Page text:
Looking as Engagement

Jacques Abelman, Amsterdam Academy of Architecture

jacques.abelman [at] gmail dot com

A response to  “Scenophobia”, Geography and the Aesthetic Politics of Landscape by Karl Benediktsson (Geografiska Annaler B, 89, 203-217, 2007.)

 
“My contention is that a serious engagement with the visual, couched in terms of a more general philosophy of aesthetic engagement, should actually be an indispensable part of a landscape geography which purports to have something to say about the politics of landscape.” (p. 209)

This response essay sets out to explore the meaning and potential of the term “aesthetics of engagement,” and its relationship to the concept of a “politics of landscape.” Benediktsson’s statement is the gist of his position and merits a close look. At first read, he seems to be simply arguing for scenic visual values to be incorporated into a discussion of landscape issues and their relation to decisions affecting land use and the needs of society, such as energy and infrastructure.

I would like to delve deeper into the meanings of the terms Benediktsson uses in his argument. Firstly, the term “aesthetic” has come to be used to designate, among other things, a kind of object, a kind of judgment, a kind of attitude, a kind of experience, and a kind of value.1 The concept of “aesthetic of engagement” refers to the work of Arnold Berleant, a social philosopher, “whose approach to environmental aesthetics considers the human person as an active contributor in a context that includes and is continuous with the participant.”2 Secondly, the basic meaning of politics, derived from the Greek word for citizen, refers to the processes by which groups of people make collective decisions.3 I read
“politics of landscape” to mean the realm in which the concept of landscape interfaces with society and its decision making processes, about land use policy and resource management.

If looking at the landscape is an active form of engagement, as Berleant and Benediktsson suggest, then images have a similar power to allow us to engage, by acting as a window onto the world. This in turn can affect decision‐making processes about that place — whether to preserve it, transform it, or destroy it. However, images, through their aesthetic content, contain the values and attitudes of their authors. This makes the discussion much more complex, because everything hinges upon what the underlying values of the participants are, both aesthetic and political. Benediktsson is in fact arguing that we enlarge the field of the aesthetic within landscape beyond what is traditionally the purview of historians, designers, and geographers. He proposes the incorporation of new or overlooked ideas, such as the sublime, enchantment, and the scenic.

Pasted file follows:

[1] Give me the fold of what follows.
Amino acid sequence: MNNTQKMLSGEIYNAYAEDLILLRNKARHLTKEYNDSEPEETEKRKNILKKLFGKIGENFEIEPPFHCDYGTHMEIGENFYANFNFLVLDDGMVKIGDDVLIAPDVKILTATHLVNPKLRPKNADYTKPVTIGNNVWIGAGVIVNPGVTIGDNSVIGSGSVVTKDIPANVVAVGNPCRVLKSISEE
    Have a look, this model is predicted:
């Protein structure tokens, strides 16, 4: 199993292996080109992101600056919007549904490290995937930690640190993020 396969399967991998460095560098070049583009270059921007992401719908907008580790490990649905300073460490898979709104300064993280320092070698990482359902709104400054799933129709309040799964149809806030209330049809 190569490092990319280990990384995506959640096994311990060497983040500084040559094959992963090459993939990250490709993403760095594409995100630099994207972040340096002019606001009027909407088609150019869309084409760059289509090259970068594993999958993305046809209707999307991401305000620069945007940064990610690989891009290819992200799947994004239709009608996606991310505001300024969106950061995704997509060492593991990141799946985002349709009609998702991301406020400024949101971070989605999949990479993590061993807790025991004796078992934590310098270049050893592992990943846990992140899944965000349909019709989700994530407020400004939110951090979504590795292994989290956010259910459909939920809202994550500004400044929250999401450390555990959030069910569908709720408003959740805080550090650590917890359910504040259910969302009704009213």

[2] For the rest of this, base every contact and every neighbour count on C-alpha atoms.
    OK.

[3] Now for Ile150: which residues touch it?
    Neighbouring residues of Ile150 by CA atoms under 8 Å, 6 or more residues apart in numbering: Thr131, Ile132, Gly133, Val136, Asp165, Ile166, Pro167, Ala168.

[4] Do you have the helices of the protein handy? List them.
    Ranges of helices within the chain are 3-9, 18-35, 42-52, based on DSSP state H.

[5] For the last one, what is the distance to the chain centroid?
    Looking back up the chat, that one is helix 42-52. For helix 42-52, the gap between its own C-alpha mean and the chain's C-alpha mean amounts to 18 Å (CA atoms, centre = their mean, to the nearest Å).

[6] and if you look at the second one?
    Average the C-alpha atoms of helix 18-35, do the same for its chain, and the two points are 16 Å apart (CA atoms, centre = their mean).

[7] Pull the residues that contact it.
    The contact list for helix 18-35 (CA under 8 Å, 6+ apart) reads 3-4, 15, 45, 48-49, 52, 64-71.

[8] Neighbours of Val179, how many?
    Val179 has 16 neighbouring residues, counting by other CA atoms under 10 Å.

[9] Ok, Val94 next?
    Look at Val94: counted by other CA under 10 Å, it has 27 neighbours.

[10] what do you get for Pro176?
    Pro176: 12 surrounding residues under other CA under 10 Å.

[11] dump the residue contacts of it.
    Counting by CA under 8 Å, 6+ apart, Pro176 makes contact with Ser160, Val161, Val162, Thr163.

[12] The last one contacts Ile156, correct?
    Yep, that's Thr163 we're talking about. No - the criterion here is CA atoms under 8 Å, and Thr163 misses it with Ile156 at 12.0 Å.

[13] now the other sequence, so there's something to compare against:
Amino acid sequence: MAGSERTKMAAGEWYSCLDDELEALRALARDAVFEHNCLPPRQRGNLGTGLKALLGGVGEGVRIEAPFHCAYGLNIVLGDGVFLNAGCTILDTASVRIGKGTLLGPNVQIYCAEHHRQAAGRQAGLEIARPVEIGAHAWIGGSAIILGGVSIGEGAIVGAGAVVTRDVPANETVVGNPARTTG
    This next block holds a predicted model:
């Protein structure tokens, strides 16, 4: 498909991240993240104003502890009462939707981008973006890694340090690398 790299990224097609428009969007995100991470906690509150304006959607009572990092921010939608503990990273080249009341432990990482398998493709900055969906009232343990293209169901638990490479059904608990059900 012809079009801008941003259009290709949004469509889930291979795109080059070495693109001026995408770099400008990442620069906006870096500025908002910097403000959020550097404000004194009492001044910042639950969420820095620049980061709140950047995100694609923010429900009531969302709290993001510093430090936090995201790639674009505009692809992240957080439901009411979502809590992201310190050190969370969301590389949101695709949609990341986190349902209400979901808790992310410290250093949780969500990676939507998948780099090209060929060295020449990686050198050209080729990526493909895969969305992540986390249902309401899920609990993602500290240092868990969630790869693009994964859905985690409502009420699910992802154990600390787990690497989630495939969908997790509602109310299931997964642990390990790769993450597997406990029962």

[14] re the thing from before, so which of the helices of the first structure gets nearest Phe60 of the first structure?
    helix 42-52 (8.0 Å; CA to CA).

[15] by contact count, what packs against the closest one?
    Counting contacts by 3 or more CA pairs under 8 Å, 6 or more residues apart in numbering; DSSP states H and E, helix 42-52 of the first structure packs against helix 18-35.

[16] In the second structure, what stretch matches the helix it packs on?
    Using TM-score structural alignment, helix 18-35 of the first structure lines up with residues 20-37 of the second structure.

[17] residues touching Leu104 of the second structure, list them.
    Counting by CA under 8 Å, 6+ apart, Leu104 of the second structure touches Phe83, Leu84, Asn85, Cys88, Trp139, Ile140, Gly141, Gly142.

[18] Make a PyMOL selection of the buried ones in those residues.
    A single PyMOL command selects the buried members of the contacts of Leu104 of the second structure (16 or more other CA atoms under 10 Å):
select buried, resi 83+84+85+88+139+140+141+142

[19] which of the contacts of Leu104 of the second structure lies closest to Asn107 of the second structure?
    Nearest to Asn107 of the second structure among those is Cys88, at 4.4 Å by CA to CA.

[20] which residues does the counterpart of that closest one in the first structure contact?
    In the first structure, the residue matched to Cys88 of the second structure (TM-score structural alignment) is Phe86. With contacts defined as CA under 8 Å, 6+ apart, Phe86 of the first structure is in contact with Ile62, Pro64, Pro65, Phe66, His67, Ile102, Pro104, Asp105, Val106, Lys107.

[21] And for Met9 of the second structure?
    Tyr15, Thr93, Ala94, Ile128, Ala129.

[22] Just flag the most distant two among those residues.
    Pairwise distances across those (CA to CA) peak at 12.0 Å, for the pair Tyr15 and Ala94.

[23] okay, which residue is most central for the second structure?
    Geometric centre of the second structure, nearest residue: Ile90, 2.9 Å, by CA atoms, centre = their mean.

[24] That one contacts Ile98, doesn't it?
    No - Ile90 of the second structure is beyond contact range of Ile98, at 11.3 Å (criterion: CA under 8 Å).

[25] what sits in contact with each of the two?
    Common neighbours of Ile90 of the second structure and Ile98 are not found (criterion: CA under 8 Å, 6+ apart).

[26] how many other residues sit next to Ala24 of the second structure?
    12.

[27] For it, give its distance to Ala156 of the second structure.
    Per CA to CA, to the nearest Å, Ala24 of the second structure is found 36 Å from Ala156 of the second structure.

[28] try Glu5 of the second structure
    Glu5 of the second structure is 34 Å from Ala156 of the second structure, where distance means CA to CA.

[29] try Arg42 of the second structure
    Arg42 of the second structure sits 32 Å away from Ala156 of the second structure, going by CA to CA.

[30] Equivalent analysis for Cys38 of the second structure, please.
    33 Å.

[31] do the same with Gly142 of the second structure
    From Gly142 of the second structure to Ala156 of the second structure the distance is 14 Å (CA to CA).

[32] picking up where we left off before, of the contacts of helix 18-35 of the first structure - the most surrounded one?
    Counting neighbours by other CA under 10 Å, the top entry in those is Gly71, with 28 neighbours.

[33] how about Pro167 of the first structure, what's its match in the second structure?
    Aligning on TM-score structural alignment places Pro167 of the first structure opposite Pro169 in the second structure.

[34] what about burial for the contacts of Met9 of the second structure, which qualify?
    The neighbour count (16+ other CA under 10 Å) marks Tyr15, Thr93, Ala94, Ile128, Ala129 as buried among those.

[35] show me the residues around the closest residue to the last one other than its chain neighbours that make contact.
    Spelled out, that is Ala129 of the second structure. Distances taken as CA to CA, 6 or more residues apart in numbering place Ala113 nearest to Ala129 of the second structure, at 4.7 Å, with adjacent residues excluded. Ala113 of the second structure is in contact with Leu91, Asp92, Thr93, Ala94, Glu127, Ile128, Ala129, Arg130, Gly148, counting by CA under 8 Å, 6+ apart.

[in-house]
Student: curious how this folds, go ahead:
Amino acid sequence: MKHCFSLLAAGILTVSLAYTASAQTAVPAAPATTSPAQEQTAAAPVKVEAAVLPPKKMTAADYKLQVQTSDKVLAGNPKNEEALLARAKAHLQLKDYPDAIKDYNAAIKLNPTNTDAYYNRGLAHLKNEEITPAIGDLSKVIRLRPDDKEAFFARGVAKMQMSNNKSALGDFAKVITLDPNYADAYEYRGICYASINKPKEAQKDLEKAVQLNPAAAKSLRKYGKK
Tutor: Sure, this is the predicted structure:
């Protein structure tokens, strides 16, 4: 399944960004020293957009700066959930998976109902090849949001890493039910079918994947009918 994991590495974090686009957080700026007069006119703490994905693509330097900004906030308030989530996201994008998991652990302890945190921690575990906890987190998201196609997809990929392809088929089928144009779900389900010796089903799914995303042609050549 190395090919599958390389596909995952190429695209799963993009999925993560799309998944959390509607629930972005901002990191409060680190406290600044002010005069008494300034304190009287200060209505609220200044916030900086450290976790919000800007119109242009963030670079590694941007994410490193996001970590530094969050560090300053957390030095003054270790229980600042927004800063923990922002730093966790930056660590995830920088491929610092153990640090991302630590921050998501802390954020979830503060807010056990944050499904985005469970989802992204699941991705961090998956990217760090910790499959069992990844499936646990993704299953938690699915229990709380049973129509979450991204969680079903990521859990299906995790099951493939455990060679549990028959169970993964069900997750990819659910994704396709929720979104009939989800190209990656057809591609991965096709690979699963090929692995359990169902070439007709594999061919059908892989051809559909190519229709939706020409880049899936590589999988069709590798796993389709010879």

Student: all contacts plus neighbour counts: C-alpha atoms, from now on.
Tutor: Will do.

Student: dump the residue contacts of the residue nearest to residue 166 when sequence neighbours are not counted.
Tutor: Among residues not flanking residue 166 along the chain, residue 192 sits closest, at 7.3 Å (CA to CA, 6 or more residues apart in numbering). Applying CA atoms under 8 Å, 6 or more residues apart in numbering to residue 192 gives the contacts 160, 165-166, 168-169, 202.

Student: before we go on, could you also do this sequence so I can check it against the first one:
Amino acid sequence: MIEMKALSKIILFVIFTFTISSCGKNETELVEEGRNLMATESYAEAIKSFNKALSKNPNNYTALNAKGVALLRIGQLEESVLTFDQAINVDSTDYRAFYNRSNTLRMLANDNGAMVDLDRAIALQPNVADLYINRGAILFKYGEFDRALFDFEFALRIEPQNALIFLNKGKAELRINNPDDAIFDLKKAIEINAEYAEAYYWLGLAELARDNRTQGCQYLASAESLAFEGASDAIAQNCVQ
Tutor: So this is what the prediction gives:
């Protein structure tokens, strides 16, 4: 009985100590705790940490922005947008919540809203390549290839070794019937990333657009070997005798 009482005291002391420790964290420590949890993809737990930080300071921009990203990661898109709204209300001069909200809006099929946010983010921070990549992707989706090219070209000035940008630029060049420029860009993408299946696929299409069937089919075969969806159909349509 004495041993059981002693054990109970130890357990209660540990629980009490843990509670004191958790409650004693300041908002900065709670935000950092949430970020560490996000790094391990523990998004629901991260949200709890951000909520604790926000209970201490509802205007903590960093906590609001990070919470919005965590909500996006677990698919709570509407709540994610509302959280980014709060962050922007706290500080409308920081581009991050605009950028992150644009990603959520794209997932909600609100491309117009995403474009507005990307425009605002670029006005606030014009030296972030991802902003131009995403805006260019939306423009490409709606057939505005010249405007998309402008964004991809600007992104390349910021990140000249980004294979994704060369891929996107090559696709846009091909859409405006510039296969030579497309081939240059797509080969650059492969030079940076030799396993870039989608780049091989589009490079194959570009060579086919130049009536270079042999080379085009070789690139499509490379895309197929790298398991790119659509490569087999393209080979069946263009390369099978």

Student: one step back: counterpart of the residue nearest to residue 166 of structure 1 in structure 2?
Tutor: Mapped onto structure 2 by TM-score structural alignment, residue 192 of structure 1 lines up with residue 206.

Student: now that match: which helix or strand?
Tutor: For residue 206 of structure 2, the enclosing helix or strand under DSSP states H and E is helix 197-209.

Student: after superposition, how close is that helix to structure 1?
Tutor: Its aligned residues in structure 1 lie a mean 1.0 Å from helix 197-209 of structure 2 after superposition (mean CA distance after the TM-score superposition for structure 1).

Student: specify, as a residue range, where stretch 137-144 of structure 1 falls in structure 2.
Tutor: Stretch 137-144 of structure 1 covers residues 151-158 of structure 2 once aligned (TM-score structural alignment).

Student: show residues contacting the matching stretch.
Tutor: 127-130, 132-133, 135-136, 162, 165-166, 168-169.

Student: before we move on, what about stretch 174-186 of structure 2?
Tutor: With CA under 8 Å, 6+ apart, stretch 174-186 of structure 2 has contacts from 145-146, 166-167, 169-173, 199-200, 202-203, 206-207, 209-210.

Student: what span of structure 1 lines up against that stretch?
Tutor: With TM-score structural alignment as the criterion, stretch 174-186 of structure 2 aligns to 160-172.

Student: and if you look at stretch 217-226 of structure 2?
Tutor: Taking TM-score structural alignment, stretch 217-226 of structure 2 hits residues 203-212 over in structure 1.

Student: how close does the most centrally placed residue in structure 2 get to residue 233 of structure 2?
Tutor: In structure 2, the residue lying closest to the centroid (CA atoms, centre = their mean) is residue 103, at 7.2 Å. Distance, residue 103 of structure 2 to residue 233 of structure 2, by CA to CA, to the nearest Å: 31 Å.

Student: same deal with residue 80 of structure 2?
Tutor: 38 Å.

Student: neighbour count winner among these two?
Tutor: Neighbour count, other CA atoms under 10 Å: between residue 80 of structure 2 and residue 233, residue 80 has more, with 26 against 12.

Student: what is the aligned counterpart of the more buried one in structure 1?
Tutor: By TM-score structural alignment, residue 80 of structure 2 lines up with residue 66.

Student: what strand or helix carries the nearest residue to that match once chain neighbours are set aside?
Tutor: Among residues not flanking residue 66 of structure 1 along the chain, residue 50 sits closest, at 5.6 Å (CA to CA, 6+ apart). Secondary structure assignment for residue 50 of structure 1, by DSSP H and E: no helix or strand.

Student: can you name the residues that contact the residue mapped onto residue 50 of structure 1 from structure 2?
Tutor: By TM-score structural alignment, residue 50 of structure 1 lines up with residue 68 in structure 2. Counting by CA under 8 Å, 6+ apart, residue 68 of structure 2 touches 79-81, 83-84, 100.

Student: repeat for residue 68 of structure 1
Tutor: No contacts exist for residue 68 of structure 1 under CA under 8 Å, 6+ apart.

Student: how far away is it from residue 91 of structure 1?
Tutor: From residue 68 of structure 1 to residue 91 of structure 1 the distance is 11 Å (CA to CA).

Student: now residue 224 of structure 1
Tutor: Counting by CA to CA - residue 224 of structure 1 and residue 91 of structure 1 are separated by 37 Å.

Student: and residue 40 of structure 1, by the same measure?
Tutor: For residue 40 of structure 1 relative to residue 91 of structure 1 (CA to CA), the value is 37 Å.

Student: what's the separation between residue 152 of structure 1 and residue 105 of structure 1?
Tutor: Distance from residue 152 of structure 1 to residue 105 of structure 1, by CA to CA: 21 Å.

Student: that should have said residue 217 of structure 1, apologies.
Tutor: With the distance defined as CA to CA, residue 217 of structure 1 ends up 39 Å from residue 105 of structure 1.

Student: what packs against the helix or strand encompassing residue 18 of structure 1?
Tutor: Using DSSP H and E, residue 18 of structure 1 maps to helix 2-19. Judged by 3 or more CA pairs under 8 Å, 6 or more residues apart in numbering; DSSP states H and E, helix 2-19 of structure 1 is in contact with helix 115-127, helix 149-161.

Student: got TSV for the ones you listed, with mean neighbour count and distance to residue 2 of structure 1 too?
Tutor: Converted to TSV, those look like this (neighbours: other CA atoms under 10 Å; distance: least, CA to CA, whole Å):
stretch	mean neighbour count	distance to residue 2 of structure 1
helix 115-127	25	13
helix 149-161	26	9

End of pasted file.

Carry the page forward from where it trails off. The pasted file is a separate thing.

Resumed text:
These ideas allude to a common imagination, to experiences that we all have as human beings at one time in our lives. We are transported to magical realms as children through myths and fairy‐tales, we have all experienced the scenic at specific moments, and less commonly the sublime, that state of being transported outside of ourselves while feeling awe, reverence, and mystery. Incorporating these concepts into the images that we use as a common ground for discussion of landscape within the body politic may open up new ways of thinking about the actions that we take. Perhaps we will be moved to preserve a landscape because it is enchanting as well as ecologically valuable, or design new landscapes to be sublime as well as practical for new housing or infrastructure.

In conclusion, Benediktssons’s stance opens the door to yet another rich territory for designers whose stock and trade is the representation of spatial ideas, specifically in the building arts where image precedes realization. Images, as we have explored in previous readings, do not merely convey basic information about place. They are loaded with assumptions and histories. An aesthetic of engagement implies the potential for images to do more than visually represent space. Images become in themselves territories where a dialogue takes place between desires and needs, between design and landscape, between cultural values and utilitarianism. Further, the quality of this dialogue becomes a space of contact for the participants, allowing for new forms of exchange and engagement.

1 Stanford University Encyclopedia of Philosophy, http://plato.stanford.edu/entries/aesthetic‐concept/
2 Arnold Berleant’s website, http://www.autograff.com/berleant/pages/vitae.html
3 Wikipedia definition

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